The Worldwatch Institute’s opinion piece also notes that even if the government changes hands, India’s internal policies (executed through the institutions defined in National Action Plan of Climate Change) and its stance in international negotiations is unlikely to change. The reason for this is that the bureaucrats and technocrats leading individual climate change missions will retain their positions. At most, the figureheads in charge of international negotiations, usually political appointees may change. This can be both a good or bad thing. On one hand, this means that policy stability will be maintained to a certain extent. On the other hand, depending on who wins the elections, India’s negotiation stance may become hardened or more flexible. India will most likely continue its support of the principle of “common but differentiated responsibilities” and base its argument on the developmental needs of its economy. What can change is the level of attention the new (or old) administration pays to funding and implementing the NAPCC.

Election year in India tends to be a big deal as most of new policy development and execution is put on hold till the fog of campaigning and six week long voting clears. In this sense, post elections might just be the right time for the international community to amp up its interactions and support of India’s climate change initiatives. The US Department of Energy’s National Carbon Capture Center (NCCC), is planning to send a delegation to India to spur collaboration on carbon capture technology as soon as the general elections are concluded.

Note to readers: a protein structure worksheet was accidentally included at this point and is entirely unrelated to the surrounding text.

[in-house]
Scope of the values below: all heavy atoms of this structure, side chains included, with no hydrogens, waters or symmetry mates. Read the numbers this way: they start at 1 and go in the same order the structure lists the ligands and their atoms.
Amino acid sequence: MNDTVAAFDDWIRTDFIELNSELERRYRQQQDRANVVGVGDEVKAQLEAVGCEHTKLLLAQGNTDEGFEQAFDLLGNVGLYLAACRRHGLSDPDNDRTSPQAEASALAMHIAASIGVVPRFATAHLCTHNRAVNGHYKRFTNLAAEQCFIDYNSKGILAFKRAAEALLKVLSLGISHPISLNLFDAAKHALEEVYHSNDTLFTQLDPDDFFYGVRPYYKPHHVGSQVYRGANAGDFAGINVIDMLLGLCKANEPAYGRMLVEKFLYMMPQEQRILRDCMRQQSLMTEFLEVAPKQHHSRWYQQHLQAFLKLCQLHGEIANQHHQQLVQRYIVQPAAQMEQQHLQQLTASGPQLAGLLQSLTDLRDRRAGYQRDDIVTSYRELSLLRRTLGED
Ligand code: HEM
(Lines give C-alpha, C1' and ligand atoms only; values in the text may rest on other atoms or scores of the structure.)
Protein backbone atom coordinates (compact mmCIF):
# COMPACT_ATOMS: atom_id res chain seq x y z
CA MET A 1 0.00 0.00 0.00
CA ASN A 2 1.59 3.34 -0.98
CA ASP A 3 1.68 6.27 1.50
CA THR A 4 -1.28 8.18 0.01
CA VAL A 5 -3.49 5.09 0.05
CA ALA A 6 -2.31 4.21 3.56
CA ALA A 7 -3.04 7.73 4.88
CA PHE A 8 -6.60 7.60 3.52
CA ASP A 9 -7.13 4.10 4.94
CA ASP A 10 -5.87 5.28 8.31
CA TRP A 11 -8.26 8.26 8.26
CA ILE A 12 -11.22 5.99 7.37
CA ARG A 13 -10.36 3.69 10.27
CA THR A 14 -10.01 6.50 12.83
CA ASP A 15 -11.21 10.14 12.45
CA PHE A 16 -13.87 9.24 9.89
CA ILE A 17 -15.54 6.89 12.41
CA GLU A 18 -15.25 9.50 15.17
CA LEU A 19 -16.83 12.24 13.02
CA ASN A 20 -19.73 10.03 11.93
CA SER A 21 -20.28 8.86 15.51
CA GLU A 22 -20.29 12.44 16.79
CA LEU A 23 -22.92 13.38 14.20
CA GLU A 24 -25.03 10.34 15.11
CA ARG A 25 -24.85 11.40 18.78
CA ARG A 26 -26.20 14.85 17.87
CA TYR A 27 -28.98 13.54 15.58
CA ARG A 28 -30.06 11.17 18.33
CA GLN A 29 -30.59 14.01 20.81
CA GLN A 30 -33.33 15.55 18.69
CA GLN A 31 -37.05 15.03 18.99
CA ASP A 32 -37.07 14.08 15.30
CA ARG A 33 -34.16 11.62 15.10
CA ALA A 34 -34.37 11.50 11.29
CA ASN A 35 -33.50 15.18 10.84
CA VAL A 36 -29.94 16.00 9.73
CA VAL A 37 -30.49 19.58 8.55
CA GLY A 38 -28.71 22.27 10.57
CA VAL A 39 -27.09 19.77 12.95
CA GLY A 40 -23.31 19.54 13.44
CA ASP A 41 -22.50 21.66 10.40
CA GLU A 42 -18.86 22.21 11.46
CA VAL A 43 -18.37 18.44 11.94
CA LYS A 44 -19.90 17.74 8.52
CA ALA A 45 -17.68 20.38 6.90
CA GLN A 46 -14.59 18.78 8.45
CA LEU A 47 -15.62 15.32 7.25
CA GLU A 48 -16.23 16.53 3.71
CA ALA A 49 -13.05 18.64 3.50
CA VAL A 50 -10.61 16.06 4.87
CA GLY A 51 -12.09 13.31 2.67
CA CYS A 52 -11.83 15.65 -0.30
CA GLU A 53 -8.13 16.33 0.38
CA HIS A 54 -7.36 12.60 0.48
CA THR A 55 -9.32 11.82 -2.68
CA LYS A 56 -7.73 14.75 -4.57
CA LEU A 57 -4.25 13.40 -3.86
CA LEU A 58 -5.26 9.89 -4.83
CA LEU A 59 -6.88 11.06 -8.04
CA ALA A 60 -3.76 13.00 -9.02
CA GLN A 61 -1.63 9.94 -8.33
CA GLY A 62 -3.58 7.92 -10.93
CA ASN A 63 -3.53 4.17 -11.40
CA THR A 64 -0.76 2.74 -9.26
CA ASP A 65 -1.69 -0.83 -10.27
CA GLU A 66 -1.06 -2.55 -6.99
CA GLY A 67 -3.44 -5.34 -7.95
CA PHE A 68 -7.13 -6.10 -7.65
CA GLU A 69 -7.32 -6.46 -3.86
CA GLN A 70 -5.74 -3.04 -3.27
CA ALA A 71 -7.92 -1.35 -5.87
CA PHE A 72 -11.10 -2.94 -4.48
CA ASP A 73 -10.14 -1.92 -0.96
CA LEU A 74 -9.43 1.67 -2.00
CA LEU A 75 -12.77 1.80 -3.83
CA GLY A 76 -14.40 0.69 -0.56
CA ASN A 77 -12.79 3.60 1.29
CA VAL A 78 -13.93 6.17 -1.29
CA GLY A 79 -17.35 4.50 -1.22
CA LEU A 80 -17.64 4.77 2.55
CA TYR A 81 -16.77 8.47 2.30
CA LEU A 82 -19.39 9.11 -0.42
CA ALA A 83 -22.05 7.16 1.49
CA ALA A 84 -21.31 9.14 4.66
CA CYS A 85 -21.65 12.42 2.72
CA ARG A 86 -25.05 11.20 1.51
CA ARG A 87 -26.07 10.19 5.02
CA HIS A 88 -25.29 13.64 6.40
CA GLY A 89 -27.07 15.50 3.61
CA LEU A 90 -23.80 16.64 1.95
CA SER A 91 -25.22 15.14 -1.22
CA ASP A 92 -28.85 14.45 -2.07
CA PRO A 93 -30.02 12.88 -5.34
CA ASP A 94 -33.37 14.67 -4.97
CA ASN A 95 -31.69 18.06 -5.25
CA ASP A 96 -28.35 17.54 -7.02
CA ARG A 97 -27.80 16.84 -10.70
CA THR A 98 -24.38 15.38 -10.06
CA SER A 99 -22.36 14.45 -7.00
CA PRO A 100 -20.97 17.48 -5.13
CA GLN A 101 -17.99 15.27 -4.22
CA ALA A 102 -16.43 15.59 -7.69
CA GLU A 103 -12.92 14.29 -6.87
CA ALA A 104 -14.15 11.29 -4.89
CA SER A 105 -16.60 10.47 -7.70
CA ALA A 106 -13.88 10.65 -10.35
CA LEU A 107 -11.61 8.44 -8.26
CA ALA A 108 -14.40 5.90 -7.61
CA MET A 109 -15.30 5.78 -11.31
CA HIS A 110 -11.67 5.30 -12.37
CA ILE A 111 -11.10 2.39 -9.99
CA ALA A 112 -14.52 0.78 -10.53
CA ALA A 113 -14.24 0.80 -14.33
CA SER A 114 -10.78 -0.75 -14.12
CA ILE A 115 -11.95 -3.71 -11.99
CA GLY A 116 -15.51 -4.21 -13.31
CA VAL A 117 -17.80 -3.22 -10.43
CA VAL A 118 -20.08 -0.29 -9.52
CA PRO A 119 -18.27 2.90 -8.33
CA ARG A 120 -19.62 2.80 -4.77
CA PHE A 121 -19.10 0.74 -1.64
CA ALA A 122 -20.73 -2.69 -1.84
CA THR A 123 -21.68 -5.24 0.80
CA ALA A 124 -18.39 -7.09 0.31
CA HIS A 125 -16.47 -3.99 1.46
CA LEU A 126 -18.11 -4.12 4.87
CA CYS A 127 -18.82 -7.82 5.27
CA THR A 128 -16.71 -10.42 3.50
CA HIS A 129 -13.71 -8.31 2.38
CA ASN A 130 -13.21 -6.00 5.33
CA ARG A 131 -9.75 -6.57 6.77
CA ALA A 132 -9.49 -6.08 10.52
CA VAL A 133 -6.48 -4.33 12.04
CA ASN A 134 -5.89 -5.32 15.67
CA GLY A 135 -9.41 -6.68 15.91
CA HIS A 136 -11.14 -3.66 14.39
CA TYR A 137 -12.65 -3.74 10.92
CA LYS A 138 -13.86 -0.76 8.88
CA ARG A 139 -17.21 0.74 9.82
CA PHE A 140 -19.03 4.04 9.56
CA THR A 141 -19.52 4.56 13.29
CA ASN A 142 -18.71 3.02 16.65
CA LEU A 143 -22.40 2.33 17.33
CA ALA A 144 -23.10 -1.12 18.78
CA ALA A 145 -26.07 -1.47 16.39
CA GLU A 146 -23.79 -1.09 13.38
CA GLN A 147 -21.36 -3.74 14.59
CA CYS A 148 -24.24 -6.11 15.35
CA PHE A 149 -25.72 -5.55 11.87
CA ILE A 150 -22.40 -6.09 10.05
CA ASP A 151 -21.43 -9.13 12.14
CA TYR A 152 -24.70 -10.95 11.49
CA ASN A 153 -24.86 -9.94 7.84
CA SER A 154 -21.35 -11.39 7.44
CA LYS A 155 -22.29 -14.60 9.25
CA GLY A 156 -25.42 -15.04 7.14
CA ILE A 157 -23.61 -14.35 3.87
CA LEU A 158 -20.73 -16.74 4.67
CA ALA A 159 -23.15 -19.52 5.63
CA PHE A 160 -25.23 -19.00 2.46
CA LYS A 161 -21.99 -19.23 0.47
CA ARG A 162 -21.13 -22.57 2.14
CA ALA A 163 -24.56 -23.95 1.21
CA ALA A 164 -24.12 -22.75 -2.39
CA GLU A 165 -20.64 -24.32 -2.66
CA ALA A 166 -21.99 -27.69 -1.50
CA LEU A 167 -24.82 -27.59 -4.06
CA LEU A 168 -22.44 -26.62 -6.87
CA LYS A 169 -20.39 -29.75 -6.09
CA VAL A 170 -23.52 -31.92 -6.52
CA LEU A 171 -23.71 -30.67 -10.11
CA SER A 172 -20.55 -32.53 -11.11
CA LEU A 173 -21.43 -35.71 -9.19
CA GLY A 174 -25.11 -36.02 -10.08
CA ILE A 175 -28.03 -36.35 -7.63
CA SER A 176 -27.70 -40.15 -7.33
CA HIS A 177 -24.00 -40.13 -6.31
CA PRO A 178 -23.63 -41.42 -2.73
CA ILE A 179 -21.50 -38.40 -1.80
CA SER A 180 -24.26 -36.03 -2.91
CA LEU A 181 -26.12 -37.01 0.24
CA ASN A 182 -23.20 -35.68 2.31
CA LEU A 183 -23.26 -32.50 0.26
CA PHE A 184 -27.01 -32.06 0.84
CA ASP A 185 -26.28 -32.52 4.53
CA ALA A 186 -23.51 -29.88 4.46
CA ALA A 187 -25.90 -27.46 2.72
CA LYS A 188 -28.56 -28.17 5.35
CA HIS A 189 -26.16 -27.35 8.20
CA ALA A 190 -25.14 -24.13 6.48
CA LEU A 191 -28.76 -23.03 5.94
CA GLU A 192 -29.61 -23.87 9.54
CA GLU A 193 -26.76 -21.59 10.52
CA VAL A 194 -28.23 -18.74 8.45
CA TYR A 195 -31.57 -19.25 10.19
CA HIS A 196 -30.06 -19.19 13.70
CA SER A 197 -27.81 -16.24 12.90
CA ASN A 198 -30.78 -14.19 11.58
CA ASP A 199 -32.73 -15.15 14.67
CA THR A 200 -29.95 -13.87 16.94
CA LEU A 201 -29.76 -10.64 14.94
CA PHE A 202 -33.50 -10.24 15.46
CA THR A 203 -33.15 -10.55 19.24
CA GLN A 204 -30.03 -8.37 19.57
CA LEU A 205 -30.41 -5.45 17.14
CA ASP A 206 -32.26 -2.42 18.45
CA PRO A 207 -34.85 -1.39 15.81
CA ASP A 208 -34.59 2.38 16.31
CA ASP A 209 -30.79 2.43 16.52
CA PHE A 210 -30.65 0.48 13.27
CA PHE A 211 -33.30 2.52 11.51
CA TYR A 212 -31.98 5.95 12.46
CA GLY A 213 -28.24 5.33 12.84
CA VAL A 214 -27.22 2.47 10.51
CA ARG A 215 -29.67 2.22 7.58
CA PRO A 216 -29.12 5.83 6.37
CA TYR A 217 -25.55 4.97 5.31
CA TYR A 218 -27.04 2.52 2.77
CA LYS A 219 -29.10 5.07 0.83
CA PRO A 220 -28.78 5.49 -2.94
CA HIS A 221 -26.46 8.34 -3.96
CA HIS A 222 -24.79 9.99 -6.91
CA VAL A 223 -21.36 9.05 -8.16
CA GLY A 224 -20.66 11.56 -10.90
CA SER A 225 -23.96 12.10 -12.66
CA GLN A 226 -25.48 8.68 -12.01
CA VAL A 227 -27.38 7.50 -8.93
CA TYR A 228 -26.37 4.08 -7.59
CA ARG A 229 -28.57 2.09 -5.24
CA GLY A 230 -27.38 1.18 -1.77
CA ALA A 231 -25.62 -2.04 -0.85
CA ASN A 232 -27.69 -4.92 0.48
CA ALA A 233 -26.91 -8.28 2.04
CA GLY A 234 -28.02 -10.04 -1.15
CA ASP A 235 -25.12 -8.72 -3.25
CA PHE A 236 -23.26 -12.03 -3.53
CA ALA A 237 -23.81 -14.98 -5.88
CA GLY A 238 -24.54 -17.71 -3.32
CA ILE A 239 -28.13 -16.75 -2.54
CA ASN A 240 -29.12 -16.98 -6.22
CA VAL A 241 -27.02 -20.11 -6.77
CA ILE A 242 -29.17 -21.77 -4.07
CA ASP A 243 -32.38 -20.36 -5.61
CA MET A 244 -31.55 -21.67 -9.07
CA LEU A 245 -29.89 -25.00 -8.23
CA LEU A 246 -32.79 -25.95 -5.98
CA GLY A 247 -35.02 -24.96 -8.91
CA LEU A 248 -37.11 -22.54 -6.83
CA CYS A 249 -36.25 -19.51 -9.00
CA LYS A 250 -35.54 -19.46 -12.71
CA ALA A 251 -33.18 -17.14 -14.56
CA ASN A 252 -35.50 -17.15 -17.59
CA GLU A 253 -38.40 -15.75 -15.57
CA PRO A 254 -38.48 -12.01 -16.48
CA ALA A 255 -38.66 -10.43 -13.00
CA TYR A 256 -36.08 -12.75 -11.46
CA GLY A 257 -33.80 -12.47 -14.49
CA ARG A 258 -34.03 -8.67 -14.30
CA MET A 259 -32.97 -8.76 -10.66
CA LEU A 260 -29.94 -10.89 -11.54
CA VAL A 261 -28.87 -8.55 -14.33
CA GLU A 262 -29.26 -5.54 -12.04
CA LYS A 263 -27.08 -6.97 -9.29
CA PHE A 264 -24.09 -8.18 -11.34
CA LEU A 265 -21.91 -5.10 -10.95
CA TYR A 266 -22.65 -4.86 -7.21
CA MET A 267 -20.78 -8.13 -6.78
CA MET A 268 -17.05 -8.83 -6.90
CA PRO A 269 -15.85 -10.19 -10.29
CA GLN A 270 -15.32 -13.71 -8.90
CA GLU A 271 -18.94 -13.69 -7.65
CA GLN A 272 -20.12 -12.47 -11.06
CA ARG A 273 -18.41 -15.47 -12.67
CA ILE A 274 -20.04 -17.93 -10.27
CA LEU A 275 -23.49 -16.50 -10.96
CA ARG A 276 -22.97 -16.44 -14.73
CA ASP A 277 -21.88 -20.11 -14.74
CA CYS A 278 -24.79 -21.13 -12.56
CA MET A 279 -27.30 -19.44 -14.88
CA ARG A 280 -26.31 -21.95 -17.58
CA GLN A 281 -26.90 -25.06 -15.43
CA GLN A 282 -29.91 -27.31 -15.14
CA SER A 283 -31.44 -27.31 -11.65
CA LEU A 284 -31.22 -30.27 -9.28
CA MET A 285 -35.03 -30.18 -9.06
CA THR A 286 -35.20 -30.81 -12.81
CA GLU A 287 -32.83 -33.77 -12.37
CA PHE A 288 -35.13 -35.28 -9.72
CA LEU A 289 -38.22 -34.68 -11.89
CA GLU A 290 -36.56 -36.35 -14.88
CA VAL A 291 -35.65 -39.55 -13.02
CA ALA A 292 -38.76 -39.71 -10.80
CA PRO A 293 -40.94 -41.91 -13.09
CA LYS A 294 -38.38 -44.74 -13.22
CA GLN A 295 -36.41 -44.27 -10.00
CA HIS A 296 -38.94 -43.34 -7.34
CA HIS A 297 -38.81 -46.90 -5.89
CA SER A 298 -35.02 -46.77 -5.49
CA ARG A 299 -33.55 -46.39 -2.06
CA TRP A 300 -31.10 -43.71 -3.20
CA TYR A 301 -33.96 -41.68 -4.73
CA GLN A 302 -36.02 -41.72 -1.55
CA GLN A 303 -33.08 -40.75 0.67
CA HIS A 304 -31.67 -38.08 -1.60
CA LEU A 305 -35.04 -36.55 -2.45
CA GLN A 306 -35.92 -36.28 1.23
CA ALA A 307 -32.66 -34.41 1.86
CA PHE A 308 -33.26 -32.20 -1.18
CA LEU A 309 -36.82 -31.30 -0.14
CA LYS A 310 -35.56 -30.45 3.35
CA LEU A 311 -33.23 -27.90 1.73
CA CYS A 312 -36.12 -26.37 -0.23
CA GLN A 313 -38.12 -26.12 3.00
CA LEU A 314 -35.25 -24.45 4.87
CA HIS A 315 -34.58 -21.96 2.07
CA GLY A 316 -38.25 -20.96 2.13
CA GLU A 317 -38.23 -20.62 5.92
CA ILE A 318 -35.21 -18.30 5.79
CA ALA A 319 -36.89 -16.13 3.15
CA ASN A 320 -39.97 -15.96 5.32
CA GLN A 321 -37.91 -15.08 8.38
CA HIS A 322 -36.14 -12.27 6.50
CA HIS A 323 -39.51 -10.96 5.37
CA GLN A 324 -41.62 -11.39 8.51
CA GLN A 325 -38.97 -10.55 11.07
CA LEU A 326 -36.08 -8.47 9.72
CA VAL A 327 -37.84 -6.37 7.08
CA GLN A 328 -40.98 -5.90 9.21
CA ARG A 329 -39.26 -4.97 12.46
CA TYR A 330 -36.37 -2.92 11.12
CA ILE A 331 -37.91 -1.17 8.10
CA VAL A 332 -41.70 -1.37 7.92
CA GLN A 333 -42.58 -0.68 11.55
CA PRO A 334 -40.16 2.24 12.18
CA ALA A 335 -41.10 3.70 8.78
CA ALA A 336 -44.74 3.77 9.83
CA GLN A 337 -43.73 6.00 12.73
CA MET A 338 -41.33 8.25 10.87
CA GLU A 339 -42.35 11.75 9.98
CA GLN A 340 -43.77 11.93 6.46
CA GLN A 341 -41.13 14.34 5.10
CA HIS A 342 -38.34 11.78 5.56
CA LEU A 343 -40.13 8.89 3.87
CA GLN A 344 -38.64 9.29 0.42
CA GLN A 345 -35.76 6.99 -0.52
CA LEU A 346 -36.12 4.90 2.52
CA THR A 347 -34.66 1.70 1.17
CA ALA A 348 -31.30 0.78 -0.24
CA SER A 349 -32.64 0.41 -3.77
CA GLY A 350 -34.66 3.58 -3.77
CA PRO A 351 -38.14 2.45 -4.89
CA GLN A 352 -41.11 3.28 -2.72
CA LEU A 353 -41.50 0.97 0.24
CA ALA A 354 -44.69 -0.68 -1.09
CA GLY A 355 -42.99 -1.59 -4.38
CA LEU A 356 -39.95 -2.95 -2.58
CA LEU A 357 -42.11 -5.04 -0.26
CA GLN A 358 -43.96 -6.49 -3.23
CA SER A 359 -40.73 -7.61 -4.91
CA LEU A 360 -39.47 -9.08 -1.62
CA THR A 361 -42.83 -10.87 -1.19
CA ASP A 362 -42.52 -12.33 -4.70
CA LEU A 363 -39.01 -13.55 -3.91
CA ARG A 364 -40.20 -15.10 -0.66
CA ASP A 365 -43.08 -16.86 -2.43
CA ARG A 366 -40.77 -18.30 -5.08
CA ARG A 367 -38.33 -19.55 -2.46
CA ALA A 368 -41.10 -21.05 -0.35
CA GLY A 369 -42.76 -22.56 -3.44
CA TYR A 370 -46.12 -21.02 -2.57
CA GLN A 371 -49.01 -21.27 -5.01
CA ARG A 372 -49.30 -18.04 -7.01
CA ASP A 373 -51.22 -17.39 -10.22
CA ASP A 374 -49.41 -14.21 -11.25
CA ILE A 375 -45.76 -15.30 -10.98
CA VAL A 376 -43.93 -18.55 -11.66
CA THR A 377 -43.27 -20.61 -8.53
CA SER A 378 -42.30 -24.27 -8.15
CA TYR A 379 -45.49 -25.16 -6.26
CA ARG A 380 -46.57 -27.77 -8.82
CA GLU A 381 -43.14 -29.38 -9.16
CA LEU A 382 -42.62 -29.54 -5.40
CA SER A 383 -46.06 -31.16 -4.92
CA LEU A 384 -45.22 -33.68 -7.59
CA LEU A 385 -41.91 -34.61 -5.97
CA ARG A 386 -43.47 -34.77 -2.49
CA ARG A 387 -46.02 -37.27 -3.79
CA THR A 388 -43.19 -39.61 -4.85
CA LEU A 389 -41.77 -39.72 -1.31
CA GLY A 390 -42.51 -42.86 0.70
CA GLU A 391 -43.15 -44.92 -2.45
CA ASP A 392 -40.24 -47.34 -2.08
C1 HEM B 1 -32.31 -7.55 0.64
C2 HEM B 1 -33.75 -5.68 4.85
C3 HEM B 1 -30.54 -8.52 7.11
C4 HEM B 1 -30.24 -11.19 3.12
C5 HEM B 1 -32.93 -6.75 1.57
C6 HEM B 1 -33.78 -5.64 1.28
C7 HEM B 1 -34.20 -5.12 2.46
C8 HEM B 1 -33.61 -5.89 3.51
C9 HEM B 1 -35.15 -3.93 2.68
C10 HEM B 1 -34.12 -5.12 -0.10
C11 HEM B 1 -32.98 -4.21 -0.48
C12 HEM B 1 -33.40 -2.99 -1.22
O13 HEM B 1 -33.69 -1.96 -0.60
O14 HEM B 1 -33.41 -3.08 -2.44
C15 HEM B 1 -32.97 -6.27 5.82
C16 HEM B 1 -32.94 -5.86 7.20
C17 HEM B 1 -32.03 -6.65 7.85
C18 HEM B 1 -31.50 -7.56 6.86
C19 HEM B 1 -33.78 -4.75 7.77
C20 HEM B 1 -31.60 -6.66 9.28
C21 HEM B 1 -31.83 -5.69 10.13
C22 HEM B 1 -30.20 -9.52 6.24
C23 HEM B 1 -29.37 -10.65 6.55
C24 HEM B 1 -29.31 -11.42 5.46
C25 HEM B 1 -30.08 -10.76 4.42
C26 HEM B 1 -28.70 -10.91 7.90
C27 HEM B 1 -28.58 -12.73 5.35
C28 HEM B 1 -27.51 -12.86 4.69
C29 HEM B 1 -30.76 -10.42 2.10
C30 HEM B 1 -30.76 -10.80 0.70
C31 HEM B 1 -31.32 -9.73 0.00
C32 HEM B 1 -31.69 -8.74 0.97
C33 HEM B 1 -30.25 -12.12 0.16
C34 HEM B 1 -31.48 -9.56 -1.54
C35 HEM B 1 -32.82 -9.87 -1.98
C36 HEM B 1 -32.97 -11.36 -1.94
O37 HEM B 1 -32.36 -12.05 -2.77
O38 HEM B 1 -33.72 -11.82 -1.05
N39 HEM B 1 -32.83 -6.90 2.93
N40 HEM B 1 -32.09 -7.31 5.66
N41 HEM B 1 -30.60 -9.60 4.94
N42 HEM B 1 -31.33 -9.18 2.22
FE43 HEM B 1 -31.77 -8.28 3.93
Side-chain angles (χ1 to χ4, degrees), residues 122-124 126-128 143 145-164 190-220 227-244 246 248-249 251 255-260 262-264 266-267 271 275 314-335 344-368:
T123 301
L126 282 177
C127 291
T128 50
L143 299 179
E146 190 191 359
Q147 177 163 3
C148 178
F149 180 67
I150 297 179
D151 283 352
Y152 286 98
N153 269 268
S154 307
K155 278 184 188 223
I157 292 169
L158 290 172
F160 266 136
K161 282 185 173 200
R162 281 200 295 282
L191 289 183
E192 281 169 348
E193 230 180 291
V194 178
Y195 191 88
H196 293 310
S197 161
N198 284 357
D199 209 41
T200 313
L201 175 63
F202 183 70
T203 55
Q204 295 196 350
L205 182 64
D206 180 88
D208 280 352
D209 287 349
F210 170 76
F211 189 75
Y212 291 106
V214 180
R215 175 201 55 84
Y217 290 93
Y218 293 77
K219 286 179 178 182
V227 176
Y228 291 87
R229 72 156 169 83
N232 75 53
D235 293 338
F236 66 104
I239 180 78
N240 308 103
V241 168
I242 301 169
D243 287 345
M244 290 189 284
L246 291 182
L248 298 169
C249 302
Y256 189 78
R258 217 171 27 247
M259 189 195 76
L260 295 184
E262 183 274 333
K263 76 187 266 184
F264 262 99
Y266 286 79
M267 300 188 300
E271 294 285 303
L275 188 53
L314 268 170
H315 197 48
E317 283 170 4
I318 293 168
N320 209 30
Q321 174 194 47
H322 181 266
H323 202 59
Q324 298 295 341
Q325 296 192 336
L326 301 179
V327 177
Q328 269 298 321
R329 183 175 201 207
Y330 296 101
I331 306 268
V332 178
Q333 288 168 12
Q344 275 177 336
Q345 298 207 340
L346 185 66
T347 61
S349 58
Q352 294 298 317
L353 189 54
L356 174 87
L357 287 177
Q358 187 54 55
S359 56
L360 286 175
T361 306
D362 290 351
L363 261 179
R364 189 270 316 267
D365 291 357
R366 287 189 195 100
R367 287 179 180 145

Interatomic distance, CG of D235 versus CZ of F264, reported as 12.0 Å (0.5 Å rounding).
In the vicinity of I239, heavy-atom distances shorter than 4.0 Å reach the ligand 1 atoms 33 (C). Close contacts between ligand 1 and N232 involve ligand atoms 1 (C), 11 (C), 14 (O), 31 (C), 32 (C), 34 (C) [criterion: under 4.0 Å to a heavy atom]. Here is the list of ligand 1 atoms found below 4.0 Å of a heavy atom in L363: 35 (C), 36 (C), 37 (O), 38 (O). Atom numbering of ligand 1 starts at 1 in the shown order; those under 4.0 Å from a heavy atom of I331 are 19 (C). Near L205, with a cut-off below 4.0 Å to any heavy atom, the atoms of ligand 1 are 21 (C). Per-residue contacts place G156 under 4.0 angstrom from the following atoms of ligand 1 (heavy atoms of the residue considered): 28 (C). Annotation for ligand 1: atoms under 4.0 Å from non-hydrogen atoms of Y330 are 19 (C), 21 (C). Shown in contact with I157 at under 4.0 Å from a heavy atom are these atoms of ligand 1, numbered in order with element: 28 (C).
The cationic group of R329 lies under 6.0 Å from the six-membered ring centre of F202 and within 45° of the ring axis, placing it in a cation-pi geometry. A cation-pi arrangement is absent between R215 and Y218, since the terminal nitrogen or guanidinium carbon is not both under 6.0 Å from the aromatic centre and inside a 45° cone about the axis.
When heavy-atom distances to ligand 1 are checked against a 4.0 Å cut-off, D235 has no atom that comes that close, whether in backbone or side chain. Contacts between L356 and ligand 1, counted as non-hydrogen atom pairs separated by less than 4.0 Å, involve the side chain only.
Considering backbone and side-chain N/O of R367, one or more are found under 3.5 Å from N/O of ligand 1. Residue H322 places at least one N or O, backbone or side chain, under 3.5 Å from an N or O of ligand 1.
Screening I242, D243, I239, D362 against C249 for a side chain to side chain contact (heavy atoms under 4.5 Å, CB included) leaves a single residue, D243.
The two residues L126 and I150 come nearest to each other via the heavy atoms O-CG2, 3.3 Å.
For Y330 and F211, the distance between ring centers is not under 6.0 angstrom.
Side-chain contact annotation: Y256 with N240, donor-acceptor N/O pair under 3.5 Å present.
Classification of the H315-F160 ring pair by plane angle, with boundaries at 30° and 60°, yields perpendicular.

Similarly, India’s equity markets, the SENSEX and the Indian rupee have rallied upwards with news of the ‘reformer’ Modi and his BJP party extending a lead in major states. Modi is seen as ‘market friendly’ by foreign investors and is likely to improve incentives for greater investment in India’s lucrative markets. However, while increasing FDI can improve living standards and make more energy production and consumption more efficient, it can also come at a cost to the environment if regulatory standards are not upheld. While India’s climate change agenda can definitely benefit from regulatory reform, weakening regulations may be counterproductive. Forbes in its analysis notes that “Reliance Industries, for example has been hampered by environmental rules at some turns, but has had them ignored in others.” As a result, the election results will invariably affect environmental regulations – however the direction or magnitude is yet to be seen.

While climate change may not be an explicit campaign platform in the Indian elections, the subject deserves a greater space and merits a greater sense of urgency in India’s public and political discourse. Will this happen as an outcome of the elections? This is yet to be seen. Perhaps the best way to reconcile India’s climate change imperatives with that of a growing economy is through the lens of increasing economic and environmental co-benefits and improving energy security.

Bilal Bawany is a second year Master of Global Policy Studies student at the LBJ School specializing in International Development and Governance. His experience in the public health, agribusiness and education sectors has fuelled his interest in how public private enterprise, aid and development policies affect the political economy of service delivery in developing countries.